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America's Great War: Inaction vs. Tacit Acceptance of Racism

Protesters with signs

As a Black man, and elected official, the last few months have been a more intense and visible example of what it’s always been like to be Black in America. Can the combination of a worldwide pandemic and national race war finally speed up the long arc towards justice?

Our public education system was birthed under the conditions of both racism and classism. When the highest Court of the land has to rule on providing “separate but equal” education, it means prior to the ruling that the education provided by the public school system wasn’t equal. We know that the Supreme Court did not end there; the Court went on to order the desegregation of once lawfully segregated schools. The result of this historic ruling was anger, hate, and ultimately white flight. We have never healed from this ruling as a nation.

Our public school system today is one of the most segregated systems in the country, right next to the church. It is impossible to legislate white citizens to feel, value and therefore act equal to our Black citizens. We can’t force White children to go to school with Black children, and as long as there is an alternative choice to be educated, history tells us that white families will choose not to integrate schools with Black families. I have been told by close white friends that it is a sacrifice to put their children in predominantly Black schools, even if they are high performing. In New Orleans, one of our highest performing elementary schools is predominately Black- Lake Forest Charter School, which is located in the East of New Orleans. The number of applications from white families can be counted on one hand. On the contrary, Black families who send their children to high performing predominately white schools are seen as somehow privileged by the experience. To be clear, Black families sending their children to predominantly white schools is definitely a sacrifice. In one of the most powerful nations in the world, these types of sacrifices shouldn’t have to be made. And yet, these sacrifices will continue, unless we, the public, commit to taking action to change it. Those who do not act are tacitly accepting of our current racist system.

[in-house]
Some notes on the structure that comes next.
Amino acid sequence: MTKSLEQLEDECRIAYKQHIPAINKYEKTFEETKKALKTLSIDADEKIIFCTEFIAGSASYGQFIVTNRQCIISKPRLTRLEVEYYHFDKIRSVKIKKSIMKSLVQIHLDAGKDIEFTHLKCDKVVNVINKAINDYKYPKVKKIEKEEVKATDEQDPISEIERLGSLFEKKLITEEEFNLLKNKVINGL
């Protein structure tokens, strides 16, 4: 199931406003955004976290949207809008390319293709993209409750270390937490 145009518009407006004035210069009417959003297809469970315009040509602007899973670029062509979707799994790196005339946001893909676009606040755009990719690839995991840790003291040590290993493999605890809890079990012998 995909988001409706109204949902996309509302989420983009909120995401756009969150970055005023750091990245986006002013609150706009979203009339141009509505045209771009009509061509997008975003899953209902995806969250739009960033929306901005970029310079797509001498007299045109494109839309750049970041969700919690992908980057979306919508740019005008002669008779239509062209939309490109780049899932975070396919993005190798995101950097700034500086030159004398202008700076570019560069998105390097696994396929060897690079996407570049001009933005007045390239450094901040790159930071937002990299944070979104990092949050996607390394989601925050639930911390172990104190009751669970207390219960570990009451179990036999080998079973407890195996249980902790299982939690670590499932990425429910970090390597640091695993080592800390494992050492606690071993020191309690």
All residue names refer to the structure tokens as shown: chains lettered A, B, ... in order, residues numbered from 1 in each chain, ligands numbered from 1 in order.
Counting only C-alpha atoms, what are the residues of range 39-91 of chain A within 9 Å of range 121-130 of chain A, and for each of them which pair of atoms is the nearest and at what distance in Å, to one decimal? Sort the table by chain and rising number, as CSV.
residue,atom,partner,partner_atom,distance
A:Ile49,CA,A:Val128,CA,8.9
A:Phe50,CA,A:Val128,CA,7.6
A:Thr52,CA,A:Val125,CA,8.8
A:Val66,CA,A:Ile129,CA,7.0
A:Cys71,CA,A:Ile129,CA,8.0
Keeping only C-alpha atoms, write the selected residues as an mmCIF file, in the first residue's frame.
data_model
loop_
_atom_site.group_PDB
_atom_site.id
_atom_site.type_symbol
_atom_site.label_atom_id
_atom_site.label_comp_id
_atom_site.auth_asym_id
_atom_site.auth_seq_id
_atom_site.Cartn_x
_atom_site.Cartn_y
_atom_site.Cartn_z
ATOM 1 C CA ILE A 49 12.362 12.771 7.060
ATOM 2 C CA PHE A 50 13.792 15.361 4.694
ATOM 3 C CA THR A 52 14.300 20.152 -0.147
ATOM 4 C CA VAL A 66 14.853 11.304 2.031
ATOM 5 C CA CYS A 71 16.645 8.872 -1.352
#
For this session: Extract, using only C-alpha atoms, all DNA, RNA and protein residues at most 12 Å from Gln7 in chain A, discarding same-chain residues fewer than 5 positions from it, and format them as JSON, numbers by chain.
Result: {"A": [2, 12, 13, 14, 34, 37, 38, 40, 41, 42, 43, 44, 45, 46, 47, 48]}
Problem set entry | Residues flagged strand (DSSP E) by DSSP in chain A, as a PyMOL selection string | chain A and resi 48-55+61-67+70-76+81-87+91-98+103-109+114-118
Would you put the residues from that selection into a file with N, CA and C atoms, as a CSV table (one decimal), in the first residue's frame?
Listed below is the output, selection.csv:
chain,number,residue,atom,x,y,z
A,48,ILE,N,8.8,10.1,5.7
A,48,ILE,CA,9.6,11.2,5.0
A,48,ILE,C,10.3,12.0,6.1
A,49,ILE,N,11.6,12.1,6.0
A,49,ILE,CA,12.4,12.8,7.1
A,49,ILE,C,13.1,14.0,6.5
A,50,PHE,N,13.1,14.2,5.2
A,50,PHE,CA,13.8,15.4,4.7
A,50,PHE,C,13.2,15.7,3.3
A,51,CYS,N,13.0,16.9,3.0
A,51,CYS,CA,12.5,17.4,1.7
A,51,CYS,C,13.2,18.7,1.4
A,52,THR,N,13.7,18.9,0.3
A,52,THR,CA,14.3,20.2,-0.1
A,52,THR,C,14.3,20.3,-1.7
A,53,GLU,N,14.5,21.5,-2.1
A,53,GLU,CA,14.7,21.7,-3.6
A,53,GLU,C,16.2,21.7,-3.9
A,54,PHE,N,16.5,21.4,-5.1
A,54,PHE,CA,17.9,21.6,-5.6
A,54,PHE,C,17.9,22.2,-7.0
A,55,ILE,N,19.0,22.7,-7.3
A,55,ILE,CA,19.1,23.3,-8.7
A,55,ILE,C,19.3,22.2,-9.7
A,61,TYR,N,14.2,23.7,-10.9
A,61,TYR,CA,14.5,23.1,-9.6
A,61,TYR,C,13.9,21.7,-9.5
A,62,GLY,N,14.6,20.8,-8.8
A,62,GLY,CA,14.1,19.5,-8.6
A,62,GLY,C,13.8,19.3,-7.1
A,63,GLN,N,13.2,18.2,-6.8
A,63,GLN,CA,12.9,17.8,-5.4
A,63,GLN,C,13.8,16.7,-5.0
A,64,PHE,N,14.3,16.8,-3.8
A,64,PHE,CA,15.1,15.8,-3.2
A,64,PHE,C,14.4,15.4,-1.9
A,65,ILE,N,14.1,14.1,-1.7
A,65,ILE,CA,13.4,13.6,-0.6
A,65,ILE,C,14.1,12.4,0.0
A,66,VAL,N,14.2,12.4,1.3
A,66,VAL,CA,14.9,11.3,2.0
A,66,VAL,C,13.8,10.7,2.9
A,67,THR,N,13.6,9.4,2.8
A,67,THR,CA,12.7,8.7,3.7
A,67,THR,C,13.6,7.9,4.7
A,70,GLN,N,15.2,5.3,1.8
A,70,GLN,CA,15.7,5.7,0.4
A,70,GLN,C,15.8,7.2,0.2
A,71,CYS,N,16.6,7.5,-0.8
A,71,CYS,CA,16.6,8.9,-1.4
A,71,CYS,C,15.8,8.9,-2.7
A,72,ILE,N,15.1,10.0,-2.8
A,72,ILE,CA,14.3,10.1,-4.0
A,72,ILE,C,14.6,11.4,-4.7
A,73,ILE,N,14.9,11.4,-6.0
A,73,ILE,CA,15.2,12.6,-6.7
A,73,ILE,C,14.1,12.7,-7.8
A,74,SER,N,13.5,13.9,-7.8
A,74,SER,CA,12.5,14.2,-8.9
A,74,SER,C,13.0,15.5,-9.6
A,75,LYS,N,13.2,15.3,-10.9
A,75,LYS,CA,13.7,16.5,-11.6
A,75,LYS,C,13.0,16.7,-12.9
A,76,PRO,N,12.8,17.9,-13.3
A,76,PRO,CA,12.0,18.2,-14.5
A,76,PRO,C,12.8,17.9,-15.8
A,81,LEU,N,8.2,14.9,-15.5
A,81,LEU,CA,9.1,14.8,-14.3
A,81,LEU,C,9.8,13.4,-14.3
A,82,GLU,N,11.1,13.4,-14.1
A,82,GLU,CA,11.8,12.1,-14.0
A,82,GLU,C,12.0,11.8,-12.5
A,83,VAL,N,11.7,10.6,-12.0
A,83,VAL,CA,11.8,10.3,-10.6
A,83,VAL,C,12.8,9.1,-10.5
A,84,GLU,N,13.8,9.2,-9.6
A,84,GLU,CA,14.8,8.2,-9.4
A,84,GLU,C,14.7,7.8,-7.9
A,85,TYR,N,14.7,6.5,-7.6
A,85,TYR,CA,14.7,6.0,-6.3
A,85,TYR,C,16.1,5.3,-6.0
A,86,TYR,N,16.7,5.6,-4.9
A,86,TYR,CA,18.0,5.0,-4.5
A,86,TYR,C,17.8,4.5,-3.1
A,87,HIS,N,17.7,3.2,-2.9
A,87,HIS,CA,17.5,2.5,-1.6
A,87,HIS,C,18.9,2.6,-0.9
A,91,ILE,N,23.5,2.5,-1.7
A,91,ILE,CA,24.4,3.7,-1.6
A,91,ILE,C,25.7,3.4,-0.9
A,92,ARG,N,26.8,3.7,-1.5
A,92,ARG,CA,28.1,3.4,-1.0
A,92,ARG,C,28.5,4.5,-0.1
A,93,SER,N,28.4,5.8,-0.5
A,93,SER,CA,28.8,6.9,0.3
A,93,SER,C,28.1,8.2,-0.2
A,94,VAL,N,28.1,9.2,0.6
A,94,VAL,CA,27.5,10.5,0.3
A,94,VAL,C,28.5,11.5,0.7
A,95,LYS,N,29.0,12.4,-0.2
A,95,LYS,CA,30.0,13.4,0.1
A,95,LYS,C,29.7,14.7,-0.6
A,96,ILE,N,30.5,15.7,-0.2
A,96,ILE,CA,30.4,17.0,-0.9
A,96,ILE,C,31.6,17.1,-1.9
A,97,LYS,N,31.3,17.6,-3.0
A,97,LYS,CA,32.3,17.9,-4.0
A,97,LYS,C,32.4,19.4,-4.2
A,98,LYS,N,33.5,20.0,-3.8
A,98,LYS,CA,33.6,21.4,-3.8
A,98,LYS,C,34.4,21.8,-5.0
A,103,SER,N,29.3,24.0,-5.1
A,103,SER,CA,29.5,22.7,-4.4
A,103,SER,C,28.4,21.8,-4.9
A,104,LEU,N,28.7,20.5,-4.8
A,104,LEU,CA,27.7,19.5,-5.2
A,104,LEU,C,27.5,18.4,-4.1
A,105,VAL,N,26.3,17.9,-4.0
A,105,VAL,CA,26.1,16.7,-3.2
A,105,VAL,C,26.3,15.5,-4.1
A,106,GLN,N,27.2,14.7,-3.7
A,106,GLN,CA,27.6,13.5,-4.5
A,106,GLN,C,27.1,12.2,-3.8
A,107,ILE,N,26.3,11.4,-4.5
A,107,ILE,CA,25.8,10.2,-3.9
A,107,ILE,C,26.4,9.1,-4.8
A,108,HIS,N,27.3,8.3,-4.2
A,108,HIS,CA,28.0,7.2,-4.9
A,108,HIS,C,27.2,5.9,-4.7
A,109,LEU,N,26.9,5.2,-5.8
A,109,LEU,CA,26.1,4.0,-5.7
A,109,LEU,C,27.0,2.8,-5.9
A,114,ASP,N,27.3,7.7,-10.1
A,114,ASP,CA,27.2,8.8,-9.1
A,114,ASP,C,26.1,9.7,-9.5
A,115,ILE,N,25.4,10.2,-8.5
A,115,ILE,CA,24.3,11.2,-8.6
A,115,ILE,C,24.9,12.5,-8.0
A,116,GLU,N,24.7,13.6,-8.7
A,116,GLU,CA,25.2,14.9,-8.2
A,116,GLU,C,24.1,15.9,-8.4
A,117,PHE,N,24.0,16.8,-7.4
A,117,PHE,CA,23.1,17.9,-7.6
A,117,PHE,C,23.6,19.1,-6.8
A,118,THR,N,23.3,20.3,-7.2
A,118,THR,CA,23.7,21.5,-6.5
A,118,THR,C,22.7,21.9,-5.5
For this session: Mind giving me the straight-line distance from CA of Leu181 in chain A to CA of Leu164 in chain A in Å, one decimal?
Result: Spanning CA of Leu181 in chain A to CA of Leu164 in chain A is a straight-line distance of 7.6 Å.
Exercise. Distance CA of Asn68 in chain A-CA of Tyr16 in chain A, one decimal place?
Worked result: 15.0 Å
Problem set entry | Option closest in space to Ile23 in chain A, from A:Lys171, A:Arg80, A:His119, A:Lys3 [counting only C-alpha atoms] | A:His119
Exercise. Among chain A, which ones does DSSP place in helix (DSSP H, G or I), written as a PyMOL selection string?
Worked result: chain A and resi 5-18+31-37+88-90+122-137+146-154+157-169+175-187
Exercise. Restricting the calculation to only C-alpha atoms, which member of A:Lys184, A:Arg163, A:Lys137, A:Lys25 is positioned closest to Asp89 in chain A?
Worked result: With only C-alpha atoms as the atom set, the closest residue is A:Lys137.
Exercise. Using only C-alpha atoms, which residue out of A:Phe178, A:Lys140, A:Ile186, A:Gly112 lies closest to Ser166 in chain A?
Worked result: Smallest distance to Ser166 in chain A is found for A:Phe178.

Like many, I have felt overwhelmed during this moment of national unrest. I personally contracted the COVID-19 virus, and successfully fought and recovered from it, all while being tasked with leading my school board as Board President during a global pandemic and national race war sparked by another unarmed killing of a Black person. No leader, sick or not, is ready to deal with all of these monumental tasks, but I endeavor to do just that because I am committed to acting to combat systemic racism within my sphere of influence.

In responding to this moment, I centered myself on the courage that I knew it would take to lead and created a plan of attack. First, I had to respond to the pandemic for our students and families, and led our District as the first in Louisiana to call for a state of emergency and make available $5,000,000 of funding for distance learning, child nutrition, and school sanitation. Second, I had to recover from COVID-19 – a disease that I am disproportionately more likely to die from, with Black Louisianans currently making up 54% of the COVID-19 related deaths while only making up 33% of the state’s population. Then, after being faced with the killing of another unarmed Black person, I drafted a document that included everything that I want to see done to right 400 years of wrongs.

I was told once that we can’t rewrite history, but we can right the wrongs of history. The drafted document I created was a resolution calling for policy change that would be crafted by a racial equity expert to combat systemic racism within our school system. Our school system in New Orleans is Predominately Black; and as such, we must provide our students with the protections, assurances and actions necessary to ensure that they will not become the next victims of systemic racism, by any means necessary. The phrase- by any means necessary- was made famous in 1965, when Malcolm X said these words: “[w]e declare our right on this earth to be a man, to be a human being, to be respected as a human being, to be given the rights of a human being in this society, on this earth, in this day, which we intend to bring into existence by any means necessary.” And, while these words are still relevant today, they also are a call to action. It is my duty to take steps to move our system and country forward by committing to root out racial inequalities within our system. For in the end, change starts one system at a time.

I am committed, like many of my school board colleagues, to answering the call of this time to address systemic racism within schools. We can’t wait another generation, or even another year, to actively work to change our system. The sacrifices that will need to be made will not be radical; however, they will focus on simple action(s) that will create a better anti-racist future for all of our students in our schools. In the end, we all have a part to play in changing our world. If you are leading a system, the burden is on you to root out systemic racism in both policy and practice with the support of experts. For we must be the change that we seek to create.